Today in hockey history, the NHL makes a change to apparel that was absolutely for the better, a team changes its name and ends up being a curse, a fun rule change, and two Hall of Fame classes are inducted.
September 12, 1940 – The NHL Board of Governors eliminated the requirement that players must wear only jersey numbers 1-19, allowing players to wear numbers 0-99. A decision that makes all kind of sense, especially now that teams retire numbers. Could you imagine if the Montreal Canadiens, who currently have 17 numbers retired, were only allowed to give numbers 1-19? Two players would get whole numbers and the rest would be decimals or fractions. The league might have to expand to three-digit numbers within the next hundred years or so at the rate numbers seem to be retired.
September 12, 1941 – The New York Americans changed their home city designation from “New York” to “Brooklyn.” The team was suspended and disbarred before they ever had a chance to actually play in Brooklyn, playing just one years as the Brooklyn Americans. Red Dutton, the owner of the team, had changed the name in anticipation of a move, but the team suspended play in 1942 in the midst of World War II and they never returned to action. Dutton actually served as league president from 1943-46 after former president Frank Calder suddenly passed away. He resigned after his bid for a new arena in Brooklyn was denied after being told it would become a reality, and the team officially folded in 1946.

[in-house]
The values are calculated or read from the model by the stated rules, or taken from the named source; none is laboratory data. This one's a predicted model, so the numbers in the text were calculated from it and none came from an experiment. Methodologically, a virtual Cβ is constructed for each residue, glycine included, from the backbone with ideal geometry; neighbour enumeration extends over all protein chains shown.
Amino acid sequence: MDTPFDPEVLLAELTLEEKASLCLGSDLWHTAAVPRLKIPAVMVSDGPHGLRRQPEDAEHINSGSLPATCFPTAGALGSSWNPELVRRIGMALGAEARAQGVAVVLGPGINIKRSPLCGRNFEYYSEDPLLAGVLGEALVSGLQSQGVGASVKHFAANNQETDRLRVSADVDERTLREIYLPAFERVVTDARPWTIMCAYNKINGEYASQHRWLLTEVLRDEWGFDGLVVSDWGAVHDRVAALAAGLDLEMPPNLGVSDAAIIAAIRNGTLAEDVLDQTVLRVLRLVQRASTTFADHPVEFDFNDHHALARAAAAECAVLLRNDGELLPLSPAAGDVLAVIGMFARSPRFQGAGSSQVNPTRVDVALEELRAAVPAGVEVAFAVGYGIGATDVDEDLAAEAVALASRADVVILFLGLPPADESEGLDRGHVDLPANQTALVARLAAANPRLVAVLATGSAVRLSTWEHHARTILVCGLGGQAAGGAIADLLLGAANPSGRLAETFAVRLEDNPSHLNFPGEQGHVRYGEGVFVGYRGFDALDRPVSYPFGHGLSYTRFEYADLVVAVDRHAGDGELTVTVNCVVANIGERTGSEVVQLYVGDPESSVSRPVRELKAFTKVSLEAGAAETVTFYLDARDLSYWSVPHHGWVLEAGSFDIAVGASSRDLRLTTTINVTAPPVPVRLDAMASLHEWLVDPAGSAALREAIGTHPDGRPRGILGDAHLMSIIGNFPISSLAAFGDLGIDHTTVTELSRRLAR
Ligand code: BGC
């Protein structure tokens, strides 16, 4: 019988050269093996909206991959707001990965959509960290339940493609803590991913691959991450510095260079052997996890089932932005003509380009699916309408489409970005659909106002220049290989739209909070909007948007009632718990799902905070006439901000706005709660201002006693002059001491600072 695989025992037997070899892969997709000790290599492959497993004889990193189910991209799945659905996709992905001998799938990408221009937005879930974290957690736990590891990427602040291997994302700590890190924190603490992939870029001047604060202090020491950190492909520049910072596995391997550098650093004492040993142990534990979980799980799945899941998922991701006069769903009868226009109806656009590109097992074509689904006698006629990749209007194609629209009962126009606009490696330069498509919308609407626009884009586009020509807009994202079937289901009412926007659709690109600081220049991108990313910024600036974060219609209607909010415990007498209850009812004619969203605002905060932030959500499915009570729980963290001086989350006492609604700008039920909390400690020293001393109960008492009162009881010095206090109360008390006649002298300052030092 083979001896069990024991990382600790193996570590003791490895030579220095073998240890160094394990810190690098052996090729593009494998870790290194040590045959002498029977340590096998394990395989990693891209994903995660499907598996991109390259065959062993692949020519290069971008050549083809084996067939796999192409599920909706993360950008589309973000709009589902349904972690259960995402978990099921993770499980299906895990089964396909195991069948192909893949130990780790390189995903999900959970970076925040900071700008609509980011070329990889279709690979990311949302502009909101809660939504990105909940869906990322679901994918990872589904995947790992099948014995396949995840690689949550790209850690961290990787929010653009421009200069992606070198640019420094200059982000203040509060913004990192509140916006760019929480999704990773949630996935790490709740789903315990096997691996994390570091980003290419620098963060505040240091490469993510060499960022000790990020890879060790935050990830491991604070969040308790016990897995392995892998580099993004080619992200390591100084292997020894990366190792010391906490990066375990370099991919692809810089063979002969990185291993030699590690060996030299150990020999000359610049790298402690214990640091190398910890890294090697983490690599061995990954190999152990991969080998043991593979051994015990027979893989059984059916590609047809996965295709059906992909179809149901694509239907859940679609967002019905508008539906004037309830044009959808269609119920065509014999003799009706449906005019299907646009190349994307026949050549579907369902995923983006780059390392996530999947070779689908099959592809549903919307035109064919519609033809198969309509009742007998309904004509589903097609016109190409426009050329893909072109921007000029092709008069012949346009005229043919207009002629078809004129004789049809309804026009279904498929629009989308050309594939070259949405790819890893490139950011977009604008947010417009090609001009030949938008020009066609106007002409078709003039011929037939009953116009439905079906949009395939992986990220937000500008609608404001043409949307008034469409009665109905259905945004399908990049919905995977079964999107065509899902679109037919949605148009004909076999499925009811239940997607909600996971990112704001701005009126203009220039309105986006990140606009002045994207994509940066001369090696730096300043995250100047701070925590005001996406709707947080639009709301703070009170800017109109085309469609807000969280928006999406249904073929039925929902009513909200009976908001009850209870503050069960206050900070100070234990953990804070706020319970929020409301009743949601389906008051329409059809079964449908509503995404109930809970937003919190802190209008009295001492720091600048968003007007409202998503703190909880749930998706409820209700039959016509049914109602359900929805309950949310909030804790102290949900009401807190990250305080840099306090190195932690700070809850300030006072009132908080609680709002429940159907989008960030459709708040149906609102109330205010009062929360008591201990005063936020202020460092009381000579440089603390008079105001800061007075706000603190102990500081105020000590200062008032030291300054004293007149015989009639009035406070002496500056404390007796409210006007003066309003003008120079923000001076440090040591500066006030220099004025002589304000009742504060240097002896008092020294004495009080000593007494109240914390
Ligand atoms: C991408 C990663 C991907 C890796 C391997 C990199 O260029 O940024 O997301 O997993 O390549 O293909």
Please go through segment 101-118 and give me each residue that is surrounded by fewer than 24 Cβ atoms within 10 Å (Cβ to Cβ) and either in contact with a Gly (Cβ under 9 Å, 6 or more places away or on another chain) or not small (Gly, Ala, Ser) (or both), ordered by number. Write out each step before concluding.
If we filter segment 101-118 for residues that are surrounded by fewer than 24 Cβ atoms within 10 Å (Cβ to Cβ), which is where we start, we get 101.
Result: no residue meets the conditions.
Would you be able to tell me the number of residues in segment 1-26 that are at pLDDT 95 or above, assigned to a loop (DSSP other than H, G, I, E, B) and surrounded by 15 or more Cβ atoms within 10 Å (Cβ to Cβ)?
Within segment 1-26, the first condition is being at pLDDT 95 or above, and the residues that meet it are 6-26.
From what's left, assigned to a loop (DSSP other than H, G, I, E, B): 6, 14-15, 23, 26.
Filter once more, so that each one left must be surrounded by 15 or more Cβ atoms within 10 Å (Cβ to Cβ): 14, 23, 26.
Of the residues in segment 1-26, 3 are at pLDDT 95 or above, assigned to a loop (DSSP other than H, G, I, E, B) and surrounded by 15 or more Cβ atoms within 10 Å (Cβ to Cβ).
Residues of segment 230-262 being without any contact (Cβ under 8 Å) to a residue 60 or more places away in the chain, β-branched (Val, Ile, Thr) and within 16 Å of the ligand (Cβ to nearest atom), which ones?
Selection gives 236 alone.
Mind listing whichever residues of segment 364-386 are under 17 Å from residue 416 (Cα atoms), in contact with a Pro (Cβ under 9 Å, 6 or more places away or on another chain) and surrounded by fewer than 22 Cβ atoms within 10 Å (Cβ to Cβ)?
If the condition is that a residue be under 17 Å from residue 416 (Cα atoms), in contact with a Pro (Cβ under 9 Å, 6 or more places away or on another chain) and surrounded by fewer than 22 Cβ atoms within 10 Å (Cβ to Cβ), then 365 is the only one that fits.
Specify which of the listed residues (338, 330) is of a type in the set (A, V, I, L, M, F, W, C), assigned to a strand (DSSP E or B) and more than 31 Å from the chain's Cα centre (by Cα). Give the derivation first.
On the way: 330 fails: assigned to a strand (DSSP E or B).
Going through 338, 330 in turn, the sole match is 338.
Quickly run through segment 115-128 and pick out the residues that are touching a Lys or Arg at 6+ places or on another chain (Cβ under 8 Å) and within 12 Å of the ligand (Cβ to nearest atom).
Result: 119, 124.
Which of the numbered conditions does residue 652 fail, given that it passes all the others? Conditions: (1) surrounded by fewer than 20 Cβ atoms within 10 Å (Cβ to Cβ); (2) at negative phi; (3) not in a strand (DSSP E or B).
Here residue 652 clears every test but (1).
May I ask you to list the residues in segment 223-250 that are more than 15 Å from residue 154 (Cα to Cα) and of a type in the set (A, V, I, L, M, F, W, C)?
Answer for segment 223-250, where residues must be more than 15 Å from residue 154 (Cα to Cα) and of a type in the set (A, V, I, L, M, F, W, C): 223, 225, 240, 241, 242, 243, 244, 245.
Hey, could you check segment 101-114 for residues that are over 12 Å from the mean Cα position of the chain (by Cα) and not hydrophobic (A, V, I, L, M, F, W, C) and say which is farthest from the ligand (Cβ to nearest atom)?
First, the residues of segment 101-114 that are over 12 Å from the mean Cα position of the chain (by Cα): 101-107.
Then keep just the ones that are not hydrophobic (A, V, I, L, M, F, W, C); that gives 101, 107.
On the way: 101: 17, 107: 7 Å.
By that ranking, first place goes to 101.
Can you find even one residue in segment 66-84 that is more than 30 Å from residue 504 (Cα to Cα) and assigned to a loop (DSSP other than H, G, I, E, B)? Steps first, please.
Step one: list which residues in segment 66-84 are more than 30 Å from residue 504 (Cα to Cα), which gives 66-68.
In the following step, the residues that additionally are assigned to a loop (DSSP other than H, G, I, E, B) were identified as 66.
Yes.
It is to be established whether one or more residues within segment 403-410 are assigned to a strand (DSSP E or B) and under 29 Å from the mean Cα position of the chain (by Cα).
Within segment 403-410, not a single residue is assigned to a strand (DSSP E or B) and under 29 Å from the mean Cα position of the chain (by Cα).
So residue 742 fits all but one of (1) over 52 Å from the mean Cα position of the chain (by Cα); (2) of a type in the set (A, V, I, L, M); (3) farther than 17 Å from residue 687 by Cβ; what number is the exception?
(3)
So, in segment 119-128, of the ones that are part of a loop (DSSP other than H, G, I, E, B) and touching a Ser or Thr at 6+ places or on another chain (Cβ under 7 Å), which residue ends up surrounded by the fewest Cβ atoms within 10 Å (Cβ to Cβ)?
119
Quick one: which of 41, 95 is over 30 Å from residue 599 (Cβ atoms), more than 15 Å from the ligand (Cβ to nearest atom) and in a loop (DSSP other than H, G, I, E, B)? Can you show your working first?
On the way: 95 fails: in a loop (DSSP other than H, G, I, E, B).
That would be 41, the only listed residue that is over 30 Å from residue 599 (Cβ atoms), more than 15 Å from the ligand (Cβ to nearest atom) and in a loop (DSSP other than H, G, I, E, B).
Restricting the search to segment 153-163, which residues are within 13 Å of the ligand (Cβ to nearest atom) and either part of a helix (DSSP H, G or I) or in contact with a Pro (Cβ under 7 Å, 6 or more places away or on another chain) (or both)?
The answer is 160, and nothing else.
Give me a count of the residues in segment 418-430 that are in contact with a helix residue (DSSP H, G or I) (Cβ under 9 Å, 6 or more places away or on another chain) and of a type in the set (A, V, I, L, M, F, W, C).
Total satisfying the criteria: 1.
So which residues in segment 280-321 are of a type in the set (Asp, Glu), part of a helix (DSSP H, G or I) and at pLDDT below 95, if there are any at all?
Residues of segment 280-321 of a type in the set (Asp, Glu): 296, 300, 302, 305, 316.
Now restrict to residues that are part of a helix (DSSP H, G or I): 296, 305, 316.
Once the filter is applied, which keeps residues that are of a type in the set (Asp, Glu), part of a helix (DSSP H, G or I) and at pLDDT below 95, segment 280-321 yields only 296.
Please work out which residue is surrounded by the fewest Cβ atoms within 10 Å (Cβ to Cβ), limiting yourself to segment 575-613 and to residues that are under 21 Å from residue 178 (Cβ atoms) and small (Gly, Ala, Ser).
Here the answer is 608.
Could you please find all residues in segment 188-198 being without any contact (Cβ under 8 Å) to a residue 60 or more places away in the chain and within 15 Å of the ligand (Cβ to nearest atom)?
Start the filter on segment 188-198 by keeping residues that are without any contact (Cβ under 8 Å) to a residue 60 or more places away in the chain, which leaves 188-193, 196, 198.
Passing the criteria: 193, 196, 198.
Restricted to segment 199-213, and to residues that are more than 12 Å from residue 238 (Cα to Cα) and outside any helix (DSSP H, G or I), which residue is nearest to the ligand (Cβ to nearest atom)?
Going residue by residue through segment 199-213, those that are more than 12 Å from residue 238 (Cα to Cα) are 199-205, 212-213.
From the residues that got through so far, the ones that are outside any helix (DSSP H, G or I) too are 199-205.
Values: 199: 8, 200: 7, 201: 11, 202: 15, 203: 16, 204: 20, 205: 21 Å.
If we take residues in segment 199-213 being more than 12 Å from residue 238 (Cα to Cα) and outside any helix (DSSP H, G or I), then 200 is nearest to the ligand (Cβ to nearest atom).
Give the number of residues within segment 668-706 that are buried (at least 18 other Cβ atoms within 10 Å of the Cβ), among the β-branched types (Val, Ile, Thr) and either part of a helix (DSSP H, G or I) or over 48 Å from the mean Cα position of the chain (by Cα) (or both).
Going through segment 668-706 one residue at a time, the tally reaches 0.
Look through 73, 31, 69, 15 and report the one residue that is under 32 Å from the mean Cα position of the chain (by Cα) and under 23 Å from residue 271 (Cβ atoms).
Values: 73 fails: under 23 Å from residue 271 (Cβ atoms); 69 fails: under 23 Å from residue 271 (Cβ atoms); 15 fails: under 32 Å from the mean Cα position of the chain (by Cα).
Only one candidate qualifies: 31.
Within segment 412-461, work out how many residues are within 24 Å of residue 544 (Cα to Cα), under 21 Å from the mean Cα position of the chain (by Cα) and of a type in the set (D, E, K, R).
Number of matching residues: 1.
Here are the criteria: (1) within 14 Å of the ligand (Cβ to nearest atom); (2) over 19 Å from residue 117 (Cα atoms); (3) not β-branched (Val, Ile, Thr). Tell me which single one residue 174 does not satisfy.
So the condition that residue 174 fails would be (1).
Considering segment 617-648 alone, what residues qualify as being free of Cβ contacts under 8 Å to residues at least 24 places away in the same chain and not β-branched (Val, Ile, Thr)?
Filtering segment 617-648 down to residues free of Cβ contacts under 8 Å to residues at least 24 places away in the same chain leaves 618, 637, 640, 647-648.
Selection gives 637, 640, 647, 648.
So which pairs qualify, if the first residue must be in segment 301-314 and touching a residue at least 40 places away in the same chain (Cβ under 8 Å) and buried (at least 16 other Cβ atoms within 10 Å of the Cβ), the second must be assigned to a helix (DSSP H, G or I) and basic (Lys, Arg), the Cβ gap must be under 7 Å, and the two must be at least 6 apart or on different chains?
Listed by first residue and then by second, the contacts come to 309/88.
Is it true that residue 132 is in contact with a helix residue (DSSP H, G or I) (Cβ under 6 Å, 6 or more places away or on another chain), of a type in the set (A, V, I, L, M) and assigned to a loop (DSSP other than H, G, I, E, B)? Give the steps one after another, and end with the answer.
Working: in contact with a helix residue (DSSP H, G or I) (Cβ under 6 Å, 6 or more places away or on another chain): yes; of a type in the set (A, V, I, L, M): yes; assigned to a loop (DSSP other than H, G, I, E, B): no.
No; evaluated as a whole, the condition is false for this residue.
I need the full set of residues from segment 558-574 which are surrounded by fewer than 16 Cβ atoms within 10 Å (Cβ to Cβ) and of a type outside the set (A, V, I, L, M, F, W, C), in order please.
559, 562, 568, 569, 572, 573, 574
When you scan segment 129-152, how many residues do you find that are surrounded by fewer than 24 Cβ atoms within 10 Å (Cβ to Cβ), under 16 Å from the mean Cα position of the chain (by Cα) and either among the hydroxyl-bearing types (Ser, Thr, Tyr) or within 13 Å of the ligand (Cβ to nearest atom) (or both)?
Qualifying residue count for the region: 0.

September 12, 1941 – The NHL altered the rules for penalty shots, creating two different events: a “major” penalty shot, which is the one-on-one breakaway we see today, and “minor” penalty shots. Under the new rules, a minor shot would have the player shoot the puck from a line 28 feet away from the net, similarly to a penalty kick in soccer. I’m not sure when it reverted to its original/current rules, but it seems like it’d be pretty difficult to score on a standing shot.
September 12, 1979 – The Hockey Hall of Fame inducted its newest members: Bobby Orr, Harry Howell, Henri Richard and builder Gordon Juckes. Age just age 31, Orr was the youngest member to ever be inducted into the Hall. Henri Richard holds the record for most Cups won as a player with a ridiculous 11 (all with the Canadiens).
September 12, 1985 – The Hockey Hall of Fame inducted another class: Gerry Cheevers, Bert Olmstead, Jean Ratelle, John Mariucci and Rudy Pilous.
Source: Hockey Hall of Fame